You may also request for massage service in your room and the masseuse were quite good and I really liked the soft flower-scented oil they use for the massage. It doesn’t leave you feeling like a greased-up pig during or even after. Given the villa’s location, moving around can be such a pain. The only solution is to book transport for your tours. We did a morning tour the day after we arrived and opted to go on a whole day tour again on our last day – in which we ended up going to only two places because of the torrential rains that made the travel somewhat unbearable. We literally spent 7 or so hours inside the van moving from one place to another in what seemed like an exercise in absolute futility because of the terrible weather. At the end of the epic fail of a tour, all I got was foul temper and a sore bum. All things good and awful considered, our stay at DD Ubud Villa wasn’t terrible but it wasn’t fantastic either and to be fair, it was mostly due to the terrible weather in Bali that weekend. Oh, they do have free wifi but the connection is intermittent and often very slow, which we didn’t really mind that much because we were there to sort of disconnect.
Be that as it may, we couldn’t spend the whole weekend moping so we visited a few places which I would recommend you do the same, hopefully, on a much better weather situation. Here they are:
1. Visit the Pura Tirta Empul. A UNESCO-protected world cultural and natural heritage since 2012. This Hindu temple is where you will find the holy spring where believers bathe and offer prayers to cleanse their weary bodies and troubled minds. This spring is said to carry healing powers. You pay Rp 15,000 (US $1) to enter the temple grounds.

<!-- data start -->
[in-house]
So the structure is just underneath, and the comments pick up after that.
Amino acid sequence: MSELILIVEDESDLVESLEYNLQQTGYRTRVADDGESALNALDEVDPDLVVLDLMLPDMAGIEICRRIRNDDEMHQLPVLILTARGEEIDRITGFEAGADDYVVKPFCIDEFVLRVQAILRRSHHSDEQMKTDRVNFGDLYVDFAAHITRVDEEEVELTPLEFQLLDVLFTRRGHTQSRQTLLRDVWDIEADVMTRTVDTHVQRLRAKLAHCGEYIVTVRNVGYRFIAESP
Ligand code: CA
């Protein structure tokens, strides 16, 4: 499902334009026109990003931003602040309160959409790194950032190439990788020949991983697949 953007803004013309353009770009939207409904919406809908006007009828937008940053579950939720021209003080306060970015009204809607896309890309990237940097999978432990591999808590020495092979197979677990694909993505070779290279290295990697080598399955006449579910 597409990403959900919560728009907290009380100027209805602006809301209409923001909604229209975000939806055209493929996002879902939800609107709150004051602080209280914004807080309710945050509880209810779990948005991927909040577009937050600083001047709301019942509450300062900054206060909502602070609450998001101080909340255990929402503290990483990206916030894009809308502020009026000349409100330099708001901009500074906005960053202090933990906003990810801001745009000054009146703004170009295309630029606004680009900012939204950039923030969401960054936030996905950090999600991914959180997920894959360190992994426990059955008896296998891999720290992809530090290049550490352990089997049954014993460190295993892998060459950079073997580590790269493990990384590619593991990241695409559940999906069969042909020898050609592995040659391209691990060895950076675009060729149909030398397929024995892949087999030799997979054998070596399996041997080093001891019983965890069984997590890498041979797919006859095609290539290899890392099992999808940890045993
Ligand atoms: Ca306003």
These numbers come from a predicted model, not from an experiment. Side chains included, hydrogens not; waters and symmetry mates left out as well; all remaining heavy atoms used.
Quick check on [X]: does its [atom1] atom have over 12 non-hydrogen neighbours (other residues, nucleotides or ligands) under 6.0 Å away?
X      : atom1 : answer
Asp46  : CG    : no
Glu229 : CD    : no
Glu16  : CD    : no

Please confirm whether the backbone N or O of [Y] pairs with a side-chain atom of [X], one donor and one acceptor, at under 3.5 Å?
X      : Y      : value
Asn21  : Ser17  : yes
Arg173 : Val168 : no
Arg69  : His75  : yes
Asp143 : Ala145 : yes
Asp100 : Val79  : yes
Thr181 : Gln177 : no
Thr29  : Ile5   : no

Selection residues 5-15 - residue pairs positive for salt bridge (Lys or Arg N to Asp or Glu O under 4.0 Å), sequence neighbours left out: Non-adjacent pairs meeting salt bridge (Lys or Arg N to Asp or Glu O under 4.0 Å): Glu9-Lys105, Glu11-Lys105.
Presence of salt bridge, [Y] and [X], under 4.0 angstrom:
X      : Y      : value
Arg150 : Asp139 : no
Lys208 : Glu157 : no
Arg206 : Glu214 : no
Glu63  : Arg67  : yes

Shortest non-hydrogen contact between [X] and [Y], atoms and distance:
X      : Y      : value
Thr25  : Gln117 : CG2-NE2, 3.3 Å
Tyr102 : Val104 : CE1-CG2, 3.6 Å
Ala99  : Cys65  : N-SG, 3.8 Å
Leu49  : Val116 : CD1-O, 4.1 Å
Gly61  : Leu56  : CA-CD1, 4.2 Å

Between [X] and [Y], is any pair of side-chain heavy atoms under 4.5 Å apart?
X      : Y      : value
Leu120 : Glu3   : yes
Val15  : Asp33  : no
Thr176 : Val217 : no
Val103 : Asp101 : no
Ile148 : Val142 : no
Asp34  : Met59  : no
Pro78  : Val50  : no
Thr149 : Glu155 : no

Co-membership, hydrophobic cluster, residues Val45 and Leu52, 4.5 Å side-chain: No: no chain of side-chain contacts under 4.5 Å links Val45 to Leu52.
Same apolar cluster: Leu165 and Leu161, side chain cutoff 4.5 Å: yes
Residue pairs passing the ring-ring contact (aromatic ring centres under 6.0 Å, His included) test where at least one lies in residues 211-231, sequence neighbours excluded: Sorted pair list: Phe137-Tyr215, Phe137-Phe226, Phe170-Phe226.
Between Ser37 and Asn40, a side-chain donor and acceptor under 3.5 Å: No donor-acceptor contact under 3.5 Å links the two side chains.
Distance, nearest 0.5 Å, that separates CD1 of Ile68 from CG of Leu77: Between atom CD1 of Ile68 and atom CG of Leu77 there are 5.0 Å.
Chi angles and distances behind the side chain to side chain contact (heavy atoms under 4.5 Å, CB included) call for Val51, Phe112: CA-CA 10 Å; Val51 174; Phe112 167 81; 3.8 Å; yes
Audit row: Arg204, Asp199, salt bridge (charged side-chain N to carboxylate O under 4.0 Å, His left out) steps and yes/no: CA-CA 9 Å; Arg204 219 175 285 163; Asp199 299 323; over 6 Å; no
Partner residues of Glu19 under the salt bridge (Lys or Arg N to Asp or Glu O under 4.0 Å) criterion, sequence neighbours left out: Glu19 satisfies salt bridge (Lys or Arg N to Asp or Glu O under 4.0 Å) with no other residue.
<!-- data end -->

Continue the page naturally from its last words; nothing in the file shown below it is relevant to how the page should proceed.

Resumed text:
2. Visit (or in our case, view from afar) the legendary Mt. Agung. Still considered an active volcano occasionally belching smoke and ash, Mt. Agung is the highest point in Bali and had its last eruption in the year 1963. They have trekking tours being organised regularly if you are into that sort of thing. We would love to trek one of Indonesia’s volcanoes one day but on the weekend that we were there, we had to content ourselves with feasting on delicious local Indonesian fare for a fee of Rp 120,000 (US $9) per person for the lunch buffet at a restaurant overlooking the mountain. Before you reach the viewpoint, you will have to pay an additional Rp 30,000 (US $2) per person.
3. Visit one of the organic cocoa and coffee plantations in Kinatamani for Luwak (and other variants of) coffee-tasting. Unfortunately, I cannot recall the name of the plantation, but we did have a lovely time going around the property and I even tried my hand at manually grinding the coffee beans from the civet cat’s poop. We bought organic Bali Ginseng Coffee and organic Bali Cocoa. Personally, I think our Pinoy tableas (Filipino hot chocolate) taste much better than their cocoa. A cup of Luwak coffee costs Rp 50,000 (US $3) at the plantation and we were told that it’s more expensive outside.
4. Visit Ulun Danu Bratan. The temple complex is located on the shores of Lake Bratan, whis is the main source of irrigation in Bali. This temple complex is the site for offerings ceremony to the Balinese water, lake and river goddess Dewi Danu, due to the importance of the lake to the island.
5. Visit the famous Pura Tanah Lot. Arguably one of Bali’s most popular tourist destinations, attracting over a million of visitors from all over the world each year. It is also considered one of the holiest grounds on the island to worship the Balinese gods. At the base of the rocky islet where the temple sits atop, venomous sea snakes are believed to guard the temple from evil spirits and intruders. The offshore rock where the temple rests has been shaped continuously over the years by the roaring ocean tide. During low tide, people can walk up to the temple area, however, most of the time, when the tides are high, people are not allowed to get near the temple. They say Tanah Lot is most beautiful during sunset so we braved the inclement weather hoping it will clear up by the time we get there. Unfortunately, the rain pressed and the sky remained ominous grey.